United States District Court, M.D. Pennsylvania
Richard Caputo United States District Judge
before the Court is an Amended Complaint (Doc. 10) filed by
Plaintiffs Andreas and Caroline Plonka, proceeding in
forma pauperis. Because Plaintiffs are proceeding in
forma pauperis, the Court must screen the Amended
Complaint pursuant to 28 U.S.C. § 1915(e)(2)(B) to
assess whether it should be dismissed as frivolous or
malicious, for failure to state a claim upon which relief may
be granted, or because it seeks monetary relief from a
defendant who is immune from such relief. For the reasons set
forth below, the Court concludes that the Amended Complaint
should be dismissed in its entirety.
Andreas and Caroline Plonka, through counsel, originally
filed this lawsuit on February 10, 2017. (Doc. 1.) The Court
granted Plaintiffs' application to proceed in forma
pauperis, dismissed the original Complaint in part
without prejudice pursuant to its screening obligation under
28 U.S.C. § 1915(e)(2)(B), and granted Plaintiffs leave
to file an amended complaint. (See Doc. 7.) On March
29, 2017, Plaintiffs filed an Amended Complaint, naming the
Borough of Susquehanna (the “Borough”) and
Susquehanna Borough Police Chief Robert Sweet (“Chief
Sweet”) as Defendants. (Doc. 10.) In their Amended
Complaint, Plaintiffs allege that a discussion between
Plaintiffs and the Susquehanna Borough Council during a
January 15, 2015 Council meeting became argumentative. In
response, councilmembers requested the Borough Police to
escort Plaintiffs out of the Susquehanna Borough Building.
Chief Sweet proceeded to grab Mr.
arm and twist it behind his back while physically pushing Mr.
Plonka toward the exit. Upon reaching the exit door, Chief
Sweet pushed Mr. Plonka into the door in an attempt to force
him out of the building. As a result of this collision, Mr.
Plonka suffered an open wound injury to his leg, which has
yet to heal completely and has required treatment from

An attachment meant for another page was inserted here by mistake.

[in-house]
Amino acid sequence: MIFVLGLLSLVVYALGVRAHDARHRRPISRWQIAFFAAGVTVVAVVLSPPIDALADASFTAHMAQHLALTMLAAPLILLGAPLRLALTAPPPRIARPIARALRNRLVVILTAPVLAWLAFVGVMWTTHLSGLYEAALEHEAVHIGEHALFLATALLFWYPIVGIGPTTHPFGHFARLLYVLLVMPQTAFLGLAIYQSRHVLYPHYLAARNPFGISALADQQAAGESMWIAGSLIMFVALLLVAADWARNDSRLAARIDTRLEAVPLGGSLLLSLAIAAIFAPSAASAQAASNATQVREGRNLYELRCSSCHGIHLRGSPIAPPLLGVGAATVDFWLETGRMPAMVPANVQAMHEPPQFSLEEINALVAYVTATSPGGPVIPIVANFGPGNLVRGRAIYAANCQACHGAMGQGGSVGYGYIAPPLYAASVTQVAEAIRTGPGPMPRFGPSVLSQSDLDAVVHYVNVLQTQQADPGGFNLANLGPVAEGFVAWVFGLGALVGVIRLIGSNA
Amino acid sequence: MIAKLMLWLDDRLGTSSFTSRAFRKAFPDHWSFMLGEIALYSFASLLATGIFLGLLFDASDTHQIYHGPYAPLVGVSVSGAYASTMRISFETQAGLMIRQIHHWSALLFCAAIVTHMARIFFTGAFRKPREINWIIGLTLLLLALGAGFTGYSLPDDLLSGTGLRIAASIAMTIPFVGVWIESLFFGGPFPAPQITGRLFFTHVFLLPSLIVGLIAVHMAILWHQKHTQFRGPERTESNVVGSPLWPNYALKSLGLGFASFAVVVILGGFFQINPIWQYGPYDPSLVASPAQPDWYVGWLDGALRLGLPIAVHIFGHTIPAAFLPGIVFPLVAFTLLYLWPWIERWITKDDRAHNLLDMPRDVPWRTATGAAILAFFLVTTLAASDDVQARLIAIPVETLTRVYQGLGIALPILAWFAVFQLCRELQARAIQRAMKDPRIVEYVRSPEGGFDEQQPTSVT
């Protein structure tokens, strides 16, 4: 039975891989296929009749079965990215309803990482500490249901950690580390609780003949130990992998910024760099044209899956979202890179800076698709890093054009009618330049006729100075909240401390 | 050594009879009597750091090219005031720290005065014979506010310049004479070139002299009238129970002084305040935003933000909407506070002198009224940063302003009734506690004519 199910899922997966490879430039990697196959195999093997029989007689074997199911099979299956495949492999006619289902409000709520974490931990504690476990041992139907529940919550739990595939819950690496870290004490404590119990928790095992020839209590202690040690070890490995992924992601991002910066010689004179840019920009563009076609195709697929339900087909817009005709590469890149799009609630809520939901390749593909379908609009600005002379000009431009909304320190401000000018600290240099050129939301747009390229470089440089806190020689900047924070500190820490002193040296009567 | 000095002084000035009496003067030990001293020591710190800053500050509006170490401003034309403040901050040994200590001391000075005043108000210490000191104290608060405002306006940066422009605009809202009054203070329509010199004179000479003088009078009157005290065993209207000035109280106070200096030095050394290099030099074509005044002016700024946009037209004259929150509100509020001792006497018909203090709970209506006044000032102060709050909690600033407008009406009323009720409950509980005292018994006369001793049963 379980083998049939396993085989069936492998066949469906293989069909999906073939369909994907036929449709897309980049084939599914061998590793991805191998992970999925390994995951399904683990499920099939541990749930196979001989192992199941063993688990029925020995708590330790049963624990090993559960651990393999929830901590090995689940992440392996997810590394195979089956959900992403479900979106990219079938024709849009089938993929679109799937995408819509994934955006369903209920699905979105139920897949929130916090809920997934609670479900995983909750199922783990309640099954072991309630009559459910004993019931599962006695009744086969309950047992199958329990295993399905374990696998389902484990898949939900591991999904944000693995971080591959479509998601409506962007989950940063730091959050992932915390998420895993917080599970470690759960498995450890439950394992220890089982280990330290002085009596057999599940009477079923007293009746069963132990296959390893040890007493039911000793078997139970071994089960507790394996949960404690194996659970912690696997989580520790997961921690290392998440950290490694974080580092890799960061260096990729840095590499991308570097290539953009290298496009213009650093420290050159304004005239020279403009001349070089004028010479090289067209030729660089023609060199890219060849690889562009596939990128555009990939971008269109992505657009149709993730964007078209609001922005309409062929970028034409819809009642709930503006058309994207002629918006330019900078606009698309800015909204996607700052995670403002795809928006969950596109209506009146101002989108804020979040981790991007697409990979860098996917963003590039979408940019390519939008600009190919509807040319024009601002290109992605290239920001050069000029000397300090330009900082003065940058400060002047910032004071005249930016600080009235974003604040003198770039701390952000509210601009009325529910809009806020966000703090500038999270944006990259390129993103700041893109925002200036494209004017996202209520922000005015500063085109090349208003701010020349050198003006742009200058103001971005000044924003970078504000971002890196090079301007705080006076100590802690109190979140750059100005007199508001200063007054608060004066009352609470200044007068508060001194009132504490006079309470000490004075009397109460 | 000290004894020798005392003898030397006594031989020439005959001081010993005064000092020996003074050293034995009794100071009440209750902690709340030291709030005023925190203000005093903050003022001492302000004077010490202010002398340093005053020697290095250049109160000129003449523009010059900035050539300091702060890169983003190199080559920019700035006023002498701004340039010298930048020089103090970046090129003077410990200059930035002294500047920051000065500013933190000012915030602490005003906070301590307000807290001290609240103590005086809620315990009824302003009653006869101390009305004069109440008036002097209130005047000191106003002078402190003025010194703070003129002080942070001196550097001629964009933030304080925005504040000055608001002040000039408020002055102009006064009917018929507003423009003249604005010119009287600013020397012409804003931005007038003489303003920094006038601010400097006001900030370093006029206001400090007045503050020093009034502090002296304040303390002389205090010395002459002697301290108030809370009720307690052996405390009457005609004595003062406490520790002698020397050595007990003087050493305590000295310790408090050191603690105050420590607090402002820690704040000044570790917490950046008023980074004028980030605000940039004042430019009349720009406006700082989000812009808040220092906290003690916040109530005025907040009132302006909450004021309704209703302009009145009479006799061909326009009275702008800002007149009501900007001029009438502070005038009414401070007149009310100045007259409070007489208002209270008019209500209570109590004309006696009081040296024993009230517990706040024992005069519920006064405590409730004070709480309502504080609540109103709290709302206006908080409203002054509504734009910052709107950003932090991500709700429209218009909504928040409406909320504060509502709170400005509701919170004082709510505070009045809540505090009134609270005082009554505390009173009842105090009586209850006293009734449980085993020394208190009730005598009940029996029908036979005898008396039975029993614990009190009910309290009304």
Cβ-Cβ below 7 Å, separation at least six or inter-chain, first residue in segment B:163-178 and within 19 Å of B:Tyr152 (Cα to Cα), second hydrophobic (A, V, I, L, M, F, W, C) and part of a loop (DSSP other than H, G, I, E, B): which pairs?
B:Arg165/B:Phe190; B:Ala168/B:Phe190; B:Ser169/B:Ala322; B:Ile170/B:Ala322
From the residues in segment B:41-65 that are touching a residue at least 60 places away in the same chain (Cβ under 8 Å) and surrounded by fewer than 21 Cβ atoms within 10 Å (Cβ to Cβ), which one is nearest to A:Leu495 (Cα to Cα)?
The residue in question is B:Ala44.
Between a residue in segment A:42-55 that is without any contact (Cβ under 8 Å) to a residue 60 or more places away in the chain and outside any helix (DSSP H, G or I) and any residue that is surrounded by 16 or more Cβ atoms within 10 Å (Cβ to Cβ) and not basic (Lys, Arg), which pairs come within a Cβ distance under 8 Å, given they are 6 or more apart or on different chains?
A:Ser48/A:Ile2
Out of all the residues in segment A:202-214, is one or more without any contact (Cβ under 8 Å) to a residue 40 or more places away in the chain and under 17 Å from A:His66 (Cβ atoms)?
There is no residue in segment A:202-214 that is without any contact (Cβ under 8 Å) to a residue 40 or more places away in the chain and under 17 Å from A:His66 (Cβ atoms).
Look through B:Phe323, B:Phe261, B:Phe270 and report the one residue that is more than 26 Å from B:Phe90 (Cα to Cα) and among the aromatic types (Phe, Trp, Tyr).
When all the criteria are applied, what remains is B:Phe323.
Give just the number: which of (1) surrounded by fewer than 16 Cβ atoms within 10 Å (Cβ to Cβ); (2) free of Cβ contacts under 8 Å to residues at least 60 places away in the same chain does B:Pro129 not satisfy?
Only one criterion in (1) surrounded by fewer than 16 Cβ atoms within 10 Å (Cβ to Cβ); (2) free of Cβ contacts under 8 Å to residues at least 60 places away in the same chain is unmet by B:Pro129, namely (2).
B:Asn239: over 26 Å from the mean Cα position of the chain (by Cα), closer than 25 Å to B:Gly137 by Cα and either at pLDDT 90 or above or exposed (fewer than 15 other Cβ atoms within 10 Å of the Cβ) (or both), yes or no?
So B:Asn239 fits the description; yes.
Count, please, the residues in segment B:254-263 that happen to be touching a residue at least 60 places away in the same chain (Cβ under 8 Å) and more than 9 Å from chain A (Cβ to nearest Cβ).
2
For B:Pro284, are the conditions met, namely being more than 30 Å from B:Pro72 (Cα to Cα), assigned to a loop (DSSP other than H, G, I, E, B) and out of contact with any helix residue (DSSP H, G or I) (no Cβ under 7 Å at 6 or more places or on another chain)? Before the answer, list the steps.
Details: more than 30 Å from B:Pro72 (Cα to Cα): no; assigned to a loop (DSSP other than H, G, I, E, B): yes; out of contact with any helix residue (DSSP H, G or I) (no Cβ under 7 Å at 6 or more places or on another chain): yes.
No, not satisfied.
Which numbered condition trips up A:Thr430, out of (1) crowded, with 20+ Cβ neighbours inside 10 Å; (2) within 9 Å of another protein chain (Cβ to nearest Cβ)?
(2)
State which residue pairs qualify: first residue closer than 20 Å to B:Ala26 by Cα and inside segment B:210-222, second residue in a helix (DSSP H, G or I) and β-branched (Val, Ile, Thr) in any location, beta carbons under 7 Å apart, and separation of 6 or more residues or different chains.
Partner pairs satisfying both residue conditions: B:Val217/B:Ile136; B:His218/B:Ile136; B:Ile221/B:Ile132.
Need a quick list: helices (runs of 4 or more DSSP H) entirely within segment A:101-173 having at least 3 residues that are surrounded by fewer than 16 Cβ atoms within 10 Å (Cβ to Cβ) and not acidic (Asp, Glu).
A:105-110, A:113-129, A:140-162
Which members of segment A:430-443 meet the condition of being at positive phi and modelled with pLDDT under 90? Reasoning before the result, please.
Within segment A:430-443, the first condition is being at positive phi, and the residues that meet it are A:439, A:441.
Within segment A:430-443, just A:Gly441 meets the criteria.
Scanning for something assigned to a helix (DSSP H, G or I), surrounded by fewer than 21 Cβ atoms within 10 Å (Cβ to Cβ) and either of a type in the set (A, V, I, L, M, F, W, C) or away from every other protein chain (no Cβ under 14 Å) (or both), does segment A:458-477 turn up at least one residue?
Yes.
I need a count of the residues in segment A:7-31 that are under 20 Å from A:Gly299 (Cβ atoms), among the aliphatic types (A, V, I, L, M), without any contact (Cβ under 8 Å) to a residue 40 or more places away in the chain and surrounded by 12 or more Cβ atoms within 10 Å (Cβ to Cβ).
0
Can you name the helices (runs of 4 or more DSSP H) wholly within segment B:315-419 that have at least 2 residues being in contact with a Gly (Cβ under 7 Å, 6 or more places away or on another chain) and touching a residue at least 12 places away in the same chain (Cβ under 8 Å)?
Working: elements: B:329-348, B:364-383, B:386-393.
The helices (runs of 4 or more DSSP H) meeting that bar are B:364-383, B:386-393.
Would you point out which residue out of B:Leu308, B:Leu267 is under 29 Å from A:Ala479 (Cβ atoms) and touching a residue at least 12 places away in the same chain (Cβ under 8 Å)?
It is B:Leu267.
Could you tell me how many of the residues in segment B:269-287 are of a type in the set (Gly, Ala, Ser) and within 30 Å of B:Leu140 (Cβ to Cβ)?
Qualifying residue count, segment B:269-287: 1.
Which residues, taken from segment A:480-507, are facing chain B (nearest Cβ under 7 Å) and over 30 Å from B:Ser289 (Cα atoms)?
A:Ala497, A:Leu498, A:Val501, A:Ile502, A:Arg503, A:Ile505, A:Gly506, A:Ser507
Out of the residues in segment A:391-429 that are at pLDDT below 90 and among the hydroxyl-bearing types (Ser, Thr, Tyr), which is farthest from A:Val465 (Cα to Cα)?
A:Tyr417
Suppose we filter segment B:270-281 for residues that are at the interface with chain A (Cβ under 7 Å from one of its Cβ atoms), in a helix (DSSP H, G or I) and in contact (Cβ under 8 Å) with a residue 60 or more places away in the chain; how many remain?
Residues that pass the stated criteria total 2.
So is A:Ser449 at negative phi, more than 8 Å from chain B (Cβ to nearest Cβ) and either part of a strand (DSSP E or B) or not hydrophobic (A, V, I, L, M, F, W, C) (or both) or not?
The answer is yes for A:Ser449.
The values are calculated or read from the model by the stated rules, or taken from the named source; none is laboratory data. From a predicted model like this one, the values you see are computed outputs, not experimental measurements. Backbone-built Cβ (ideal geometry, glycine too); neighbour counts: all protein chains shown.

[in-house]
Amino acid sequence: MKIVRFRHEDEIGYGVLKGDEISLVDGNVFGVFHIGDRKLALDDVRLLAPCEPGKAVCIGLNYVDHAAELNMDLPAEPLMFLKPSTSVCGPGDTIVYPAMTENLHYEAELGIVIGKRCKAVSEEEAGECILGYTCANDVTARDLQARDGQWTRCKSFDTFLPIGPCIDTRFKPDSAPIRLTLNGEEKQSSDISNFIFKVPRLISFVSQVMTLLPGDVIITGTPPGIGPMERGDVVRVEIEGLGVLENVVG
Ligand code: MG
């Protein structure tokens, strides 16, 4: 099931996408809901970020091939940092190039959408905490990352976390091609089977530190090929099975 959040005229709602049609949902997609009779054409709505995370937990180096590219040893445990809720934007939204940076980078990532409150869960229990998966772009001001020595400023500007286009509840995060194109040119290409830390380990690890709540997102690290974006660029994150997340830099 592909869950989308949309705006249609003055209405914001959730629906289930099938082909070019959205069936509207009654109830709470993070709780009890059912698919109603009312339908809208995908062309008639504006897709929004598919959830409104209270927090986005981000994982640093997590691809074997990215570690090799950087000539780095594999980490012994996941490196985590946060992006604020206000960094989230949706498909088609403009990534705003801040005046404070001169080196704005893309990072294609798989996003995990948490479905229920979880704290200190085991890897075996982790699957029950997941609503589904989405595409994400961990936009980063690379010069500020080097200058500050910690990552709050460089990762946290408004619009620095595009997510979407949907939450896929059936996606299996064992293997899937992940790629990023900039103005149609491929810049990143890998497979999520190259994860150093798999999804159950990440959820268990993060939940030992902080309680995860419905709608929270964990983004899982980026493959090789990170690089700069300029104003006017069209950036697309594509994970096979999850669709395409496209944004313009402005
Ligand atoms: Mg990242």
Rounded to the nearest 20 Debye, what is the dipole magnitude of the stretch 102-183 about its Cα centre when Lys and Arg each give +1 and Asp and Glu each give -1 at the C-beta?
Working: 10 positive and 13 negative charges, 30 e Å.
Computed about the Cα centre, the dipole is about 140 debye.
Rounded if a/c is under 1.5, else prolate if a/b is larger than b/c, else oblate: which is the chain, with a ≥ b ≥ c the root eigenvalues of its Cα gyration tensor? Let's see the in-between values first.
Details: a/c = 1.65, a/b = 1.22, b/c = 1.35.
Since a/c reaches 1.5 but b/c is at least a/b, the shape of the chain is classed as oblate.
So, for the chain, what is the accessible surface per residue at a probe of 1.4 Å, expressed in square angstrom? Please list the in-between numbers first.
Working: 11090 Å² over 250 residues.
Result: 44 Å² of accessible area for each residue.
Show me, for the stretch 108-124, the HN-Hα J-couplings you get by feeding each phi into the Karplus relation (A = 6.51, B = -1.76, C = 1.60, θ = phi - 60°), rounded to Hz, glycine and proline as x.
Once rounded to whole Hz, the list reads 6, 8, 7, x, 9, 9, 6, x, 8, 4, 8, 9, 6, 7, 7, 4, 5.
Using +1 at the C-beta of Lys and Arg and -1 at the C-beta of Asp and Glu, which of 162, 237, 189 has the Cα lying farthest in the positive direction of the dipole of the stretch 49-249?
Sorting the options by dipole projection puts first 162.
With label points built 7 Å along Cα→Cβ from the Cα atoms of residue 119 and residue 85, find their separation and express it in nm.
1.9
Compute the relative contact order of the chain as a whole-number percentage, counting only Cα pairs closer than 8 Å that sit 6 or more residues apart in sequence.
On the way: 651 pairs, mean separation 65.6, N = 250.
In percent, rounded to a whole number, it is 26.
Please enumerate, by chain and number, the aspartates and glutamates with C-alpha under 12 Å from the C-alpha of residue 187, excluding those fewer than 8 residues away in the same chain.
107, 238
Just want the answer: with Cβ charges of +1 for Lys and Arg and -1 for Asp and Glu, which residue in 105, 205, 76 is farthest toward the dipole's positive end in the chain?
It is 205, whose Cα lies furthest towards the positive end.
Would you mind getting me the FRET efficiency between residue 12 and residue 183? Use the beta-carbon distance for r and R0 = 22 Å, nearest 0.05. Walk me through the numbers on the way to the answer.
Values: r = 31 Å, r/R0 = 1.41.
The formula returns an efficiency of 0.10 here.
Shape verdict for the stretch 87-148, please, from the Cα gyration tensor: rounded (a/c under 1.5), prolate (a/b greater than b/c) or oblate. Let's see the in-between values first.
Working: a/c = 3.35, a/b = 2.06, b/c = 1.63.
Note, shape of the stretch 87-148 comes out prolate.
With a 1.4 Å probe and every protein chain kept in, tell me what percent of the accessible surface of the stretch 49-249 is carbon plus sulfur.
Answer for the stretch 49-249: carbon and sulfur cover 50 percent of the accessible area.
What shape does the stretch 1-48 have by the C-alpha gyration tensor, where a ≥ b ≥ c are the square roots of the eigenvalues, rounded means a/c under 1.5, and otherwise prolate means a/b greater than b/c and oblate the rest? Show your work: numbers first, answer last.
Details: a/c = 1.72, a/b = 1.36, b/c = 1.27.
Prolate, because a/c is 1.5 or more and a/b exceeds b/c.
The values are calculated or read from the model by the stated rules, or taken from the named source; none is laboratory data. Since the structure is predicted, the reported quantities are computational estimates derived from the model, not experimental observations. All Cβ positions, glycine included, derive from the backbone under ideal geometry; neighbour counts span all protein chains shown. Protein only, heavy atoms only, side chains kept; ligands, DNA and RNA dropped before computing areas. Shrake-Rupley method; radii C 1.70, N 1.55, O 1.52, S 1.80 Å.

multiple medical providers. Plaintiffs allege that Chief
Sweet has used excessive force in other unspecified matters
and that the Borough was aware of these prior incidents.
Plaintiffs further assert that the Borough failed to take any
action to implement proper training procedures in order to
eliminate the use of excessive force by the Borough police
assert a claim under 42 U.S.C. § 1983 alleging the use
of excessive force in violation of Mr. Plonka's Fourth
Amendment right against Chief Sweet in his official capacity
and the Borough, a failure-to-train claim against the
Borough, state-law claims for assault and battery against
Chief Sweet, and a state-law claim for loss of consortium
against Chief Sweet on behalf of Mrs. Plonka.
Court has an ongoing statutory obligation to conduct a
preliminary review of complaints filed by plaintiffs
proceeding in forma pauperis. An application to
proceed in forma pauperis is governed by 28
U.S.C. § 1915. This section provides,  in pertinent
(a)(1) Subject to subsection (b), any court of the Untied
States may authorize the commencement, prosecution or defense
of any suit, action or proceeding, civil or criminal, or
appeal therein, without prepayment of fees or security
therefor, by a person who submits an affidavit that includes
a statement of all assets such prisoner possesses that the
person is unable to pay such fees or give security therefor.
Such affidavit shall state the nature of the action, defense
or appeal and affiant's belief that the person is
entitled to redress.
. . . .
(e)(2) Notwithstanding any filing fee, or any portion
thereof, that may have been paid, the court shall dismiss the
case at any time if the court determines that (A) the
allegation of poverty is untrue; or (B) the action or appeal
(i) is frivolous or malicious; (ii) fails to state a claim on
which relief may be granted; or (iii) seeks monetary relief
against a defendant who is immune from such relief.
effectuate § 1915, the Third Circuit Court of Appeals
has established a two-step process for reviewing in forma
pauperis applications. See Deutsch v. United
States, 67 F.3d 1080, 1084 n.5 (3d Cir. 1995); see
also Garland v. U.S. Airways, Inc., No. 05-140, 2007 WL
895139, at *2 (W.D. Pa. Mar. 21, 2007) (noting that the
screening provisions of 28 U.S.C. § 1915(e)(2)
“appl[y] to both prisoner and non-prisoner in forma
pauperis complaints”). First, leave to proceed
in forma pauperis is based on a showing that the
litigant is unable to pay court costs and filing fees.
See Douris v. Middletown Twp., 293 Fed.Appx. 130,
132 (3d Cir. 2008). Second, if in forma
pauperis status is granted, the Court determines whether
the Complaint should be dismissed pursuant to §
1915(e)(2)(B). Id.; Garland, 2007 WL
895139, at *2.
the Court already granted Plaintiffs leave to proceed in
forma pauperis , the Court now turns to the second
step to assess whether the Amended Complaint should be